The child’s best interests

The child’s best interests

Every once in a while, we need to be reminded of what’s at stake in the culture wars and that we can’t let ouor opponents have the advantage of framing the debate.

To wit, University of Arkansas professor Hillary Wilson reminds us that the issue of homosexual couples adopting children is not the rights of homosexuals, but the rights of children.

“The problem is not one of sexual orientation, but of the nature and purpose of adoption itself: adoption does not mean giving a child to any couple who wants one, but rather the seeking out a family for a child who needs one.”

“A child in need of being adopted is a child who is an extraordinary and abnormal situation: he or she is a child without parents. From a juridical and social point of view, the purpose of adoption is to ‘create’ a family relationship similar to one that is natural. Not, for example, like two fathers and one mother, or three friends, or a single person, because these do not exist as a natural biological relationship,” Wilson explained.

The point is not that kids can’t grow up in a single-parent households and be healthy, functioning adults in society, but that when society has a chance to do right by a child who has suffered a great loss and actually pick the family that will raise him, then society has an obligation to provide him with the best possible parents. And all of our history and everything we know about human development tells us that children need both fathers and mothers if they’re going to receive the best upbringing possible.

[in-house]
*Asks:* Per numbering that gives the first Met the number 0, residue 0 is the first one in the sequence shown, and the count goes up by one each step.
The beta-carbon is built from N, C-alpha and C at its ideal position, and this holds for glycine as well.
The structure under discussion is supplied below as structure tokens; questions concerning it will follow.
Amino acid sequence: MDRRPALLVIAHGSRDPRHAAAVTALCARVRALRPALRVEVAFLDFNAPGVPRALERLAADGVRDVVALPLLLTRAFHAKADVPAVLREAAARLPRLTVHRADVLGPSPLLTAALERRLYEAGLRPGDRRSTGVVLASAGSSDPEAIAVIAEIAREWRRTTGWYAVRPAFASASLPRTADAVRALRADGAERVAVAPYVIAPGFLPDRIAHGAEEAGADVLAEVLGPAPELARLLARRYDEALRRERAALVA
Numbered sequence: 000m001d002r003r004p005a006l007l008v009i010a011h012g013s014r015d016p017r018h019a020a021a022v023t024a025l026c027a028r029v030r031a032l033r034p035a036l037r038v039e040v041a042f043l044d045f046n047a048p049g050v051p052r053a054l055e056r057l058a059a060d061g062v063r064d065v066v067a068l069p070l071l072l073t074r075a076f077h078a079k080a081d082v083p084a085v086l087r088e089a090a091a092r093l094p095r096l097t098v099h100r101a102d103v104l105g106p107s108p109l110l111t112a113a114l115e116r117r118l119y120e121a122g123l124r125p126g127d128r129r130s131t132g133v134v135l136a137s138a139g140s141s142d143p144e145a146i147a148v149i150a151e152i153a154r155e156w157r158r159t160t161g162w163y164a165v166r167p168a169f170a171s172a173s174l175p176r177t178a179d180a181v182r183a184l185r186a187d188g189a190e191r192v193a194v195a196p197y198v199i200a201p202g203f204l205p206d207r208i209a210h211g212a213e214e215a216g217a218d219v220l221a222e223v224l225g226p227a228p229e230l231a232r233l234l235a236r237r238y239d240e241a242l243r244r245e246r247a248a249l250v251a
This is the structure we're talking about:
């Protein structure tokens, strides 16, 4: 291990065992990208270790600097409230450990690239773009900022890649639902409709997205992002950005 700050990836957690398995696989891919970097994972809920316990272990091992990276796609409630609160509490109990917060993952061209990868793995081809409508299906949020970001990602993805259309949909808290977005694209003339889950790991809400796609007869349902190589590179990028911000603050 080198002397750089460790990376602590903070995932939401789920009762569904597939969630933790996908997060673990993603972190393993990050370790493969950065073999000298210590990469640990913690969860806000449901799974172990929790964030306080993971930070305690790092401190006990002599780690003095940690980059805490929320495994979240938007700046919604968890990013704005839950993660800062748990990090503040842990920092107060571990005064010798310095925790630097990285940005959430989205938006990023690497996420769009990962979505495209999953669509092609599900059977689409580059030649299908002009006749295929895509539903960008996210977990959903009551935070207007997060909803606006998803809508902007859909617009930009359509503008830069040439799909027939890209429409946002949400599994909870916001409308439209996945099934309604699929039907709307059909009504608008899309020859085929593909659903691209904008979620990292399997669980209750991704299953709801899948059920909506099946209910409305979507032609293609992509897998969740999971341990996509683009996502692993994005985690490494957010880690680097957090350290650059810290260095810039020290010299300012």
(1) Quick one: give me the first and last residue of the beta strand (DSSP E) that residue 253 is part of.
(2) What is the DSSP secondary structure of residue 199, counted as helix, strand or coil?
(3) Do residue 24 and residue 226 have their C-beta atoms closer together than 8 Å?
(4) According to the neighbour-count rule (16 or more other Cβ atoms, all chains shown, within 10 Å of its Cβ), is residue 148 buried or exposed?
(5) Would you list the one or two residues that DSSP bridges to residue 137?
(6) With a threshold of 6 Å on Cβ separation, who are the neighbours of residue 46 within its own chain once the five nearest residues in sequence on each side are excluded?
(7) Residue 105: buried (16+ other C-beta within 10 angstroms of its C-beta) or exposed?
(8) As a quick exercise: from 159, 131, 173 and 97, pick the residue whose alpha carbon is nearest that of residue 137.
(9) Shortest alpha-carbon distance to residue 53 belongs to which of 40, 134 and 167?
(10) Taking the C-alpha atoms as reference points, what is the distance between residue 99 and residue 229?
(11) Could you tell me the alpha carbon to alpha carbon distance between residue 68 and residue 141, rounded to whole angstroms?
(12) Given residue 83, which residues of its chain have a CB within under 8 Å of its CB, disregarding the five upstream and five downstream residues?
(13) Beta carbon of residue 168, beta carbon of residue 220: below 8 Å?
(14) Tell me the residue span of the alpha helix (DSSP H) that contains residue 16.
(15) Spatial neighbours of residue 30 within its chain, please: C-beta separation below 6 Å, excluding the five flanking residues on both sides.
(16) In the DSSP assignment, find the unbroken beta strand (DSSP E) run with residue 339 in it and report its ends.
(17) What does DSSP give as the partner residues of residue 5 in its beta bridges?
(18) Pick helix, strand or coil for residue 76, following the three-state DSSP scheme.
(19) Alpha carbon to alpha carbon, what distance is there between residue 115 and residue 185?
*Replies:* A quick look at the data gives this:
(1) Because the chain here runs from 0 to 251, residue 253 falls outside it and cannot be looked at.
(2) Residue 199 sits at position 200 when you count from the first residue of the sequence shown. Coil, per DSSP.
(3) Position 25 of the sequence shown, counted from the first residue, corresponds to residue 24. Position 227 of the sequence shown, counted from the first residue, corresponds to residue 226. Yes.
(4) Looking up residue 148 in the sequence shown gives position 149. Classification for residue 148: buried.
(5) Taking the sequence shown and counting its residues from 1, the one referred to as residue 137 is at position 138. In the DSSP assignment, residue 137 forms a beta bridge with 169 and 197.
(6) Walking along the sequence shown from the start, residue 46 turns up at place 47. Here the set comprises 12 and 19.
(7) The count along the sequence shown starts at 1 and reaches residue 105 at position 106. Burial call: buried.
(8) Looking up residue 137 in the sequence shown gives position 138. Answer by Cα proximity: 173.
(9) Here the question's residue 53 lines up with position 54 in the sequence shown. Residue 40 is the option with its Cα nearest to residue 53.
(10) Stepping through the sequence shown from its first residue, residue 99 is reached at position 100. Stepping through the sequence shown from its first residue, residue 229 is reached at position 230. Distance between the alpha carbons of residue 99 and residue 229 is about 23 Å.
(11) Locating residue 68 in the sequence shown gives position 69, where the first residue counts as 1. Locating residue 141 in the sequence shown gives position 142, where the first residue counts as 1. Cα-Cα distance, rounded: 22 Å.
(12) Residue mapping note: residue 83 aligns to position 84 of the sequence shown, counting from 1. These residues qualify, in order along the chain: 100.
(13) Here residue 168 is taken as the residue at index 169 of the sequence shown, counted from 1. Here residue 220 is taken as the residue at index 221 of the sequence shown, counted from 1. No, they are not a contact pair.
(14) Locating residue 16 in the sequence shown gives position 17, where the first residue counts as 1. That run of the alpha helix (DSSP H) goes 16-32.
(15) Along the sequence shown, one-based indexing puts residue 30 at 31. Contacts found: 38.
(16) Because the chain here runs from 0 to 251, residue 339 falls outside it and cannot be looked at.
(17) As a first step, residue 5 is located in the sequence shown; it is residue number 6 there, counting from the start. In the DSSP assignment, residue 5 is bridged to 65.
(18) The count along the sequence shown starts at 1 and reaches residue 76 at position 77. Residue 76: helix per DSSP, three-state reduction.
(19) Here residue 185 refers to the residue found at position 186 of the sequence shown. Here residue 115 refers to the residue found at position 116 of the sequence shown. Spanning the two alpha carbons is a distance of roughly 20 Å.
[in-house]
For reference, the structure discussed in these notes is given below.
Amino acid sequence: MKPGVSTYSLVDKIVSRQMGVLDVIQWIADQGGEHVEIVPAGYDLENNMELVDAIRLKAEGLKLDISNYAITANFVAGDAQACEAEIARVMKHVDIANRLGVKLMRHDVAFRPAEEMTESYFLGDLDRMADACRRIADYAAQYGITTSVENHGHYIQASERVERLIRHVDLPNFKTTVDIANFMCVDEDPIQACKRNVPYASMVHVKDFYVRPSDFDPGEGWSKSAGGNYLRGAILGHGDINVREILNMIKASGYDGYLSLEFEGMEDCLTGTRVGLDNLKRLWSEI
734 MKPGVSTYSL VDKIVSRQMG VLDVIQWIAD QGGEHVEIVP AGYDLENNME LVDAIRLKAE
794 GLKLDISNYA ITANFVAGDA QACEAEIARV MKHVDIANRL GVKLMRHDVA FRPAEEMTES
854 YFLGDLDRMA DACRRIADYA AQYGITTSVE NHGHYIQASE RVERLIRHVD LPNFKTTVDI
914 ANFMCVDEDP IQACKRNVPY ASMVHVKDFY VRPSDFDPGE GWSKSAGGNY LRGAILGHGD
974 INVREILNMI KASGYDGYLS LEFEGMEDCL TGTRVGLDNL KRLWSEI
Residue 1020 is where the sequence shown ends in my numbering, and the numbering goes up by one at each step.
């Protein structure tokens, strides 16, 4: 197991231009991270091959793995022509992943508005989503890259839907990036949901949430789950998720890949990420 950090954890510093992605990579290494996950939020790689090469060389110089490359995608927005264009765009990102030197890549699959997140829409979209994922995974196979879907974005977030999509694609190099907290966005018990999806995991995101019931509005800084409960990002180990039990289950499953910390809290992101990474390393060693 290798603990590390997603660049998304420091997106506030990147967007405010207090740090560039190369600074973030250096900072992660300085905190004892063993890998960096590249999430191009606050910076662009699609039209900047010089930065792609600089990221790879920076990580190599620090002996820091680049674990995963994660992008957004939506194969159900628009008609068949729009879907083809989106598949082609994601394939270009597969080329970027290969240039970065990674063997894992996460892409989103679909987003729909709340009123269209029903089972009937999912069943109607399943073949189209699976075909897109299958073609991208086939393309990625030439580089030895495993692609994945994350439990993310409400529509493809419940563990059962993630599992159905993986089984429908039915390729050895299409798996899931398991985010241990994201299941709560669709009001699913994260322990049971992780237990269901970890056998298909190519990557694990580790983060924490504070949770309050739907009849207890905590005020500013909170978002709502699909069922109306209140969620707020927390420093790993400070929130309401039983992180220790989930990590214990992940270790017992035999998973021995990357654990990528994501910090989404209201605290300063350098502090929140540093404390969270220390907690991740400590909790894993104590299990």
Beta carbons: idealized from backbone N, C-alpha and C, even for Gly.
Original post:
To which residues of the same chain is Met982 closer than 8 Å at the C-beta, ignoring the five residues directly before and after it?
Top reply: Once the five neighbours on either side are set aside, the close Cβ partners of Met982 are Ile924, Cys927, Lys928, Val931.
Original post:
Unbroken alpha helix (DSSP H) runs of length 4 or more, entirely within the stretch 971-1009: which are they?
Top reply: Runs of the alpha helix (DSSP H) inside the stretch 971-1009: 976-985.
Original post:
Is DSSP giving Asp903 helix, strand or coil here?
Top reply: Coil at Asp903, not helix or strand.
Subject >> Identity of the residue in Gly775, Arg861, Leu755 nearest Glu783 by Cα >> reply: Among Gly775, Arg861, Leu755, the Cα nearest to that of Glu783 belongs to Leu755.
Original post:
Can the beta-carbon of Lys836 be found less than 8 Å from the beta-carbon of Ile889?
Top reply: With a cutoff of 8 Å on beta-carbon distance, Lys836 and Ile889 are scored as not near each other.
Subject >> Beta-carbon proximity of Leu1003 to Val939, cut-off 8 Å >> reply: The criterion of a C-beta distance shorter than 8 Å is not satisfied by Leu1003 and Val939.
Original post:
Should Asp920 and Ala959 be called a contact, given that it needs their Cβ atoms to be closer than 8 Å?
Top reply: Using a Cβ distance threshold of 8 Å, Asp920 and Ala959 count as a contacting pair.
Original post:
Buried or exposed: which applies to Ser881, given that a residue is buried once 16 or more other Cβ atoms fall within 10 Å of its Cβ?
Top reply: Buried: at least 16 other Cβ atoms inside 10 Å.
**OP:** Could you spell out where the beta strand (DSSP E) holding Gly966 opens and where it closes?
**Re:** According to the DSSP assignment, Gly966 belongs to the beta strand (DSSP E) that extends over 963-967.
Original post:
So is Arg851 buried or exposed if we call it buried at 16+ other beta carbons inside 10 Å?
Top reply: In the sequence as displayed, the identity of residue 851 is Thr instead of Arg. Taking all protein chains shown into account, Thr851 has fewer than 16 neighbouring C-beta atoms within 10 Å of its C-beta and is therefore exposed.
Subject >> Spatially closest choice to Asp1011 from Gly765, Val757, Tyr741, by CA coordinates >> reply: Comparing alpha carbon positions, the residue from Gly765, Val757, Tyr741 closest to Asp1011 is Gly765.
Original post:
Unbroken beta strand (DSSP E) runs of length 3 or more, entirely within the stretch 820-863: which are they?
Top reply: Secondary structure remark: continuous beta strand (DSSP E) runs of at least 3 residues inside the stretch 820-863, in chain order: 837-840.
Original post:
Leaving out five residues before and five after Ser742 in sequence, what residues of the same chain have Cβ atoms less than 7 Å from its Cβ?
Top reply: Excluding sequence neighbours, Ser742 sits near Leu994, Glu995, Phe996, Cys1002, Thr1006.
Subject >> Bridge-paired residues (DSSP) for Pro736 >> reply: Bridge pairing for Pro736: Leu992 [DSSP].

• Simply put, a child has a right to a mother and a father. The child has a right to be mothered and to be fathered. This is why I really dislike androgynous terms like parent and parented. Like you said hard cases donp:comment>
    2005-06-29 18:16:37
    2005-06-29 22:16:37
    I was threatened with failing a course in nursing school for saying what Dom says and others affirm in this thread.  And the evangelical protestants in the class took me aside and told me to stop saying what I really thought or I would flunk; just keep quiet, put the “right” answers on the test, and get out of there. 
    (They also hinted I could fail for disagreeing with a girl that her grandmother who was dying in an uncomfortable and painful way should be just put out of her misery; the girl acted as if I were the cause of the grandmother’s suffering and the teacher seemed to agree. ) 
    It is a miracle I ever graduated from that school. 
    Susan Peterson